“A lot of it is scrap iron these days; they’ve outlived their usefulness,” Roger added.

He also noted that parts are no longer made for some of their old equipment.

Linda said that they were referring customers to Quality Printing in Gallatin, which is owned by Keith and Lisha Spivey.

Submitted photo
Roger and Linda Gregory are shown here shortly after opening Hartsville Printing in 1978.

“I believe they’ll give the same good service that we have for all these years,” Linda said of the Spiveys.

Roger’s roots in printing run deep, dating back to his time working at The Hartsville Vidette from 1968 to 1975 at its old location on Marlene Street. He began sweeping the floors and delivering papers and eventually learned to operate the press.

“One day someone said, ‘Come over here and watch this machine and if something happens do this and this,’ ” Roger said. “That’s the day I became a printer.”

After leaving The Vidette, Roger worked in Nashville for 18 months before going to Quality Printing in Gallatin for nearly a year and a half. Linda was working in The Vidette’s print shop at that same time and when the paper’s owners opted to close that portion of the business, Roger decided to take over.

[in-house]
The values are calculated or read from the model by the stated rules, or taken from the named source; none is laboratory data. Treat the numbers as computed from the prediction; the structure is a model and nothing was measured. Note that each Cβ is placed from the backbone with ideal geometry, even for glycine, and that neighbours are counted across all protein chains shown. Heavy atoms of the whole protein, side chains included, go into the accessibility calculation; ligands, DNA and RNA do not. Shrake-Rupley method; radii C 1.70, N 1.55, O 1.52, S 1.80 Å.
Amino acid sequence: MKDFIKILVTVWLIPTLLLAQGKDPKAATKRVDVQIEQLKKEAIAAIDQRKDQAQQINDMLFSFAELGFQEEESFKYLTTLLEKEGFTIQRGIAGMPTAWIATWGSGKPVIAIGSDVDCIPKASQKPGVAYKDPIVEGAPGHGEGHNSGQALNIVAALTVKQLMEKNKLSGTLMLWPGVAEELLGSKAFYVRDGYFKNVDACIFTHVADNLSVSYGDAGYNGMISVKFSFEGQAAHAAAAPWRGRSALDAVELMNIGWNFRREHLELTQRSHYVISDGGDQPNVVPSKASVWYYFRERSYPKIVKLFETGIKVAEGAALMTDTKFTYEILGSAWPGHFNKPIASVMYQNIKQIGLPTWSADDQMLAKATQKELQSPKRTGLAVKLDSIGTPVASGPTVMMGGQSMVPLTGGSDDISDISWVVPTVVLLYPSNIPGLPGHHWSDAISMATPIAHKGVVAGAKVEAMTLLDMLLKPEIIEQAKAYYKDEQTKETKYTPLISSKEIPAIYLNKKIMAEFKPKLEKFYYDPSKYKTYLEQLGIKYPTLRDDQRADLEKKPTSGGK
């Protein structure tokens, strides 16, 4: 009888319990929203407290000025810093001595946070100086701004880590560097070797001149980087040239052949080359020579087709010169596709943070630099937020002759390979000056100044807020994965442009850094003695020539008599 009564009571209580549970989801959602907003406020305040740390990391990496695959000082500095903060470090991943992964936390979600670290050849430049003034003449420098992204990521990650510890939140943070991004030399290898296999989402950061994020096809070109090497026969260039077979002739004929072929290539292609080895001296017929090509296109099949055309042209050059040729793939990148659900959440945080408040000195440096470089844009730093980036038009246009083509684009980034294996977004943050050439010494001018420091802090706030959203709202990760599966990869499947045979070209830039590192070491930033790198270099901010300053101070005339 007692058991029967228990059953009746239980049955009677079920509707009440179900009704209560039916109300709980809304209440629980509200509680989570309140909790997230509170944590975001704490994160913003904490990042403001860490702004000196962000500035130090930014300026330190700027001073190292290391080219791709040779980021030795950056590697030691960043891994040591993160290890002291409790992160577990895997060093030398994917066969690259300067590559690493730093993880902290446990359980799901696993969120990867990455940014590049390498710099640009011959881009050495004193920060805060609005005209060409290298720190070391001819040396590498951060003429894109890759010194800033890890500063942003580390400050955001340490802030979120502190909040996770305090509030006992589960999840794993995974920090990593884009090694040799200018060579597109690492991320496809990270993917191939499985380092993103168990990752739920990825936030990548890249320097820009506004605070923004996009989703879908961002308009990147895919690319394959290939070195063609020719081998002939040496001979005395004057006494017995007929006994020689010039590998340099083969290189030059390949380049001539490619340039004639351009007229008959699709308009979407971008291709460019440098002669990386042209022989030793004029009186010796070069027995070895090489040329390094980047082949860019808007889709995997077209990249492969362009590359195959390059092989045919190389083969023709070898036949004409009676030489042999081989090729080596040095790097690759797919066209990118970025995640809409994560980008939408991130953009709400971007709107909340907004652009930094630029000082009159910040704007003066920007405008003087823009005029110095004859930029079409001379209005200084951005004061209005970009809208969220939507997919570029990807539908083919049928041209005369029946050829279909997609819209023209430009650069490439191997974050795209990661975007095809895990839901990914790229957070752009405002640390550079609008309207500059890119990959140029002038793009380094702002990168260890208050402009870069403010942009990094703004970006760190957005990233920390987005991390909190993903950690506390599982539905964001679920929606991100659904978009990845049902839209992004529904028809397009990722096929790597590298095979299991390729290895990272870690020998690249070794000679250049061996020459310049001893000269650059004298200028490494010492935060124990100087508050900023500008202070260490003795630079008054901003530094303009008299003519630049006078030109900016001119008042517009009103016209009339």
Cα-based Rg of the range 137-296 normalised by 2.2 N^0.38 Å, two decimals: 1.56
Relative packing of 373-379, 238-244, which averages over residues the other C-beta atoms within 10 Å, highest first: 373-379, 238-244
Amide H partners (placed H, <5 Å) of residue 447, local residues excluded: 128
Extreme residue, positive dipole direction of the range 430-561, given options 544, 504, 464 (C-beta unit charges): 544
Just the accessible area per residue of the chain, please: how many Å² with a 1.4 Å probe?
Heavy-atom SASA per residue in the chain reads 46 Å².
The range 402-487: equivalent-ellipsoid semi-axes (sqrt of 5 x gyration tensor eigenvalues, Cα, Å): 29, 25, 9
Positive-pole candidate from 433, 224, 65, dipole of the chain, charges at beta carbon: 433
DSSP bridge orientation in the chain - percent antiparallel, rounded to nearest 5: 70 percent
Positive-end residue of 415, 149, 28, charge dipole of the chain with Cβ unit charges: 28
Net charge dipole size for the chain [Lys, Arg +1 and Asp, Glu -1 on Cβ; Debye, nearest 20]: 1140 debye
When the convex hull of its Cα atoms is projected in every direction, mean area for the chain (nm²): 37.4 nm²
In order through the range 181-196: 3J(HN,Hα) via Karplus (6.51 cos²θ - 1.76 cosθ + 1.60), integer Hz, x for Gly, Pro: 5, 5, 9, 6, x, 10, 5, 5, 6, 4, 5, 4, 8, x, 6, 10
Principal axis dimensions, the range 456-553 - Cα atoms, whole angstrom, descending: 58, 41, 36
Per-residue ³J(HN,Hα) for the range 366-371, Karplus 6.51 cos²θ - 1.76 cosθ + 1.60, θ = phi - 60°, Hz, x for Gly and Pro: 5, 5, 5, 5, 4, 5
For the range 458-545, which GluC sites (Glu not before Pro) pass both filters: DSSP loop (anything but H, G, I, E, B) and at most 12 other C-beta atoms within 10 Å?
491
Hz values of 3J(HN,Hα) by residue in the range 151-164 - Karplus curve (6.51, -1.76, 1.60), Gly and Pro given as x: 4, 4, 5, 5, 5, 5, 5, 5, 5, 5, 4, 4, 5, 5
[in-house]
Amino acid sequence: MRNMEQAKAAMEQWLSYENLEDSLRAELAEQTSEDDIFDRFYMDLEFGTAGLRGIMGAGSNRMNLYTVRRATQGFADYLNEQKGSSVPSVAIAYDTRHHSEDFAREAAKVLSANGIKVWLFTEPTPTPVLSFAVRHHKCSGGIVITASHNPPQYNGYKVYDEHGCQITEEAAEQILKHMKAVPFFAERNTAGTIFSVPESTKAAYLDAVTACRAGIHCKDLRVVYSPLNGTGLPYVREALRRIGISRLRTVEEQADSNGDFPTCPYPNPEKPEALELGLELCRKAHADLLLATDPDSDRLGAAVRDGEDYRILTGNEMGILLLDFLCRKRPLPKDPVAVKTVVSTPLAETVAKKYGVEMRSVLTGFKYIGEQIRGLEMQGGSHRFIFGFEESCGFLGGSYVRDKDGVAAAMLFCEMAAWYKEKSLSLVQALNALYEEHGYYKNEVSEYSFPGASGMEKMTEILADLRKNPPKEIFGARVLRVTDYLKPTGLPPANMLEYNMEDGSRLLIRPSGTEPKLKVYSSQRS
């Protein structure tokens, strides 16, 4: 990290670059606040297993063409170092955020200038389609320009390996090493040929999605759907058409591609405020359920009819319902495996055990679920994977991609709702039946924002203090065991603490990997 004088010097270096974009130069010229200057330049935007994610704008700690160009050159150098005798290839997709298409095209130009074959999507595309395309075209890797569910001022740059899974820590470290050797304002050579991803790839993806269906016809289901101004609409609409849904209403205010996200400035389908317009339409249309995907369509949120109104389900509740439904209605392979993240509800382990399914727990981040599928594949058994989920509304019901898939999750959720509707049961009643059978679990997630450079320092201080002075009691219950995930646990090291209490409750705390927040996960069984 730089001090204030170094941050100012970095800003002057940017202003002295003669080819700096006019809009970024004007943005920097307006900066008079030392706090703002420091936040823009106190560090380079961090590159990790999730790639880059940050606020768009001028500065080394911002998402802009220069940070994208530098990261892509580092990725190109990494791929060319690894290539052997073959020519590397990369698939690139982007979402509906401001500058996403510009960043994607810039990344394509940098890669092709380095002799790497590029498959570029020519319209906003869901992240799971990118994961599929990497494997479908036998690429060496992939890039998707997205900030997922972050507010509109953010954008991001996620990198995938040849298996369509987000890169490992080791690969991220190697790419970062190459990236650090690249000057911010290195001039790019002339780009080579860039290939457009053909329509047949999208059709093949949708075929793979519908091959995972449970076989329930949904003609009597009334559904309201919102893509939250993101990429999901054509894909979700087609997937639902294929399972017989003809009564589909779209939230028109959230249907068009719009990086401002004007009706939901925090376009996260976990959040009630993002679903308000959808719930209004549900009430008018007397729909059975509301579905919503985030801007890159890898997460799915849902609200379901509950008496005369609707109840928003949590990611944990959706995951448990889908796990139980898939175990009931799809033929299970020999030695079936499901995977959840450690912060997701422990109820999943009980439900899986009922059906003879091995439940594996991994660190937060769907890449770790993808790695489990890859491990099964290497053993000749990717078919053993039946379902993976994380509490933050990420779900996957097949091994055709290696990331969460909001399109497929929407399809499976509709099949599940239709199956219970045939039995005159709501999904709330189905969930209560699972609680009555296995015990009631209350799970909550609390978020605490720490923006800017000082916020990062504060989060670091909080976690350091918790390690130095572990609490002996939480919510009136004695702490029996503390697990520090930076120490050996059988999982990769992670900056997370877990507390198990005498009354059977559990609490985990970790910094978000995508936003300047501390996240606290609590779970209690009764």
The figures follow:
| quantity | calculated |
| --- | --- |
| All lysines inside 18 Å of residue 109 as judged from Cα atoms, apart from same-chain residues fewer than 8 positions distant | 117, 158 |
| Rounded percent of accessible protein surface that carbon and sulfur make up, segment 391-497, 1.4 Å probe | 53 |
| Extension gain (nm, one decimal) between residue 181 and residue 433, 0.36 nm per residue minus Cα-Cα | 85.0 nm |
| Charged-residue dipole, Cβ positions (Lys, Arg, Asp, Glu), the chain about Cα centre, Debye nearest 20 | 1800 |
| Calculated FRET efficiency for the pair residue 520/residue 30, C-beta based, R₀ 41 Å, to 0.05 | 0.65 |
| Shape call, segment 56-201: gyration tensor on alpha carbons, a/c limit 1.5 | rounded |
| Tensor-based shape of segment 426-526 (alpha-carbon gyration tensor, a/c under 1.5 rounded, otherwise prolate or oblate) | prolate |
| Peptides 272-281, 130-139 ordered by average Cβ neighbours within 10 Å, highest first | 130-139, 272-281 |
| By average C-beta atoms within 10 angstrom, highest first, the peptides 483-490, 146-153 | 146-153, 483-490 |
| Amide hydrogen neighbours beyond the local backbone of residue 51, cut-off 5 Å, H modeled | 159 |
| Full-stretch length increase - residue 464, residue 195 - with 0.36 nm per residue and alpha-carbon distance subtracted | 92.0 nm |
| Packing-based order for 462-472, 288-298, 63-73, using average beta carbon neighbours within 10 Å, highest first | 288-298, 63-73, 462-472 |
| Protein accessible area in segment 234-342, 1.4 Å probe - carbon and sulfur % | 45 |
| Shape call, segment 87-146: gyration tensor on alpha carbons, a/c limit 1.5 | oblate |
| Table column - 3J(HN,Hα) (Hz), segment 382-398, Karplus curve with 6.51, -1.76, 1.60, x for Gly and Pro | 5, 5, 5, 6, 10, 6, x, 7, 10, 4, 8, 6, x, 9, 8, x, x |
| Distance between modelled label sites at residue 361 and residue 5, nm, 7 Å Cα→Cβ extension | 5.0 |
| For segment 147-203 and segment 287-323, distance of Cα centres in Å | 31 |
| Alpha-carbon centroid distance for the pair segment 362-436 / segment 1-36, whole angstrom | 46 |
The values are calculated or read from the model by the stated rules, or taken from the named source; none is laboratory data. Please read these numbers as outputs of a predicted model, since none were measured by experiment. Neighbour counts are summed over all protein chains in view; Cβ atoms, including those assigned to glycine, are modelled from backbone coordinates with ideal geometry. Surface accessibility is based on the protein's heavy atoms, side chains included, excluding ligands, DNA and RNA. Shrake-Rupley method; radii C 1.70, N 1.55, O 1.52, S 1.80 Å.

The Gregorys opened Hartsville Printing at its location on River Street, just behind the historic courthouse, in October 1978. The company’s first job was a run of 1,000 envelopes for Tri-County Gas & Oil at a cost of just over $45.

Roger said they had rented the building for $125 monthly to start out, but decided to purchase the site after finding the monthly payments would be $135. According to Roger, the building itself is on the list of historic buildings as it dates back to the 1940s.

He also noted changes in the business over the years, saying they used to print a lot of medical records and government files – much of which are now computerized.

“All those little pieces of paper we used to produce; they’re gone,” Roger said.

The Gregorys said they would miss providing good service to their customers but plan to remain involved in the community.

“It was hard work but we always enjoyed it,” he said. “We’ve enjoyed helping people and satisfying our customers with a good product at a reasonable price.”

Reach Chris Gregory at 615-374-3556 or cgregory@hartsvillevidette.com.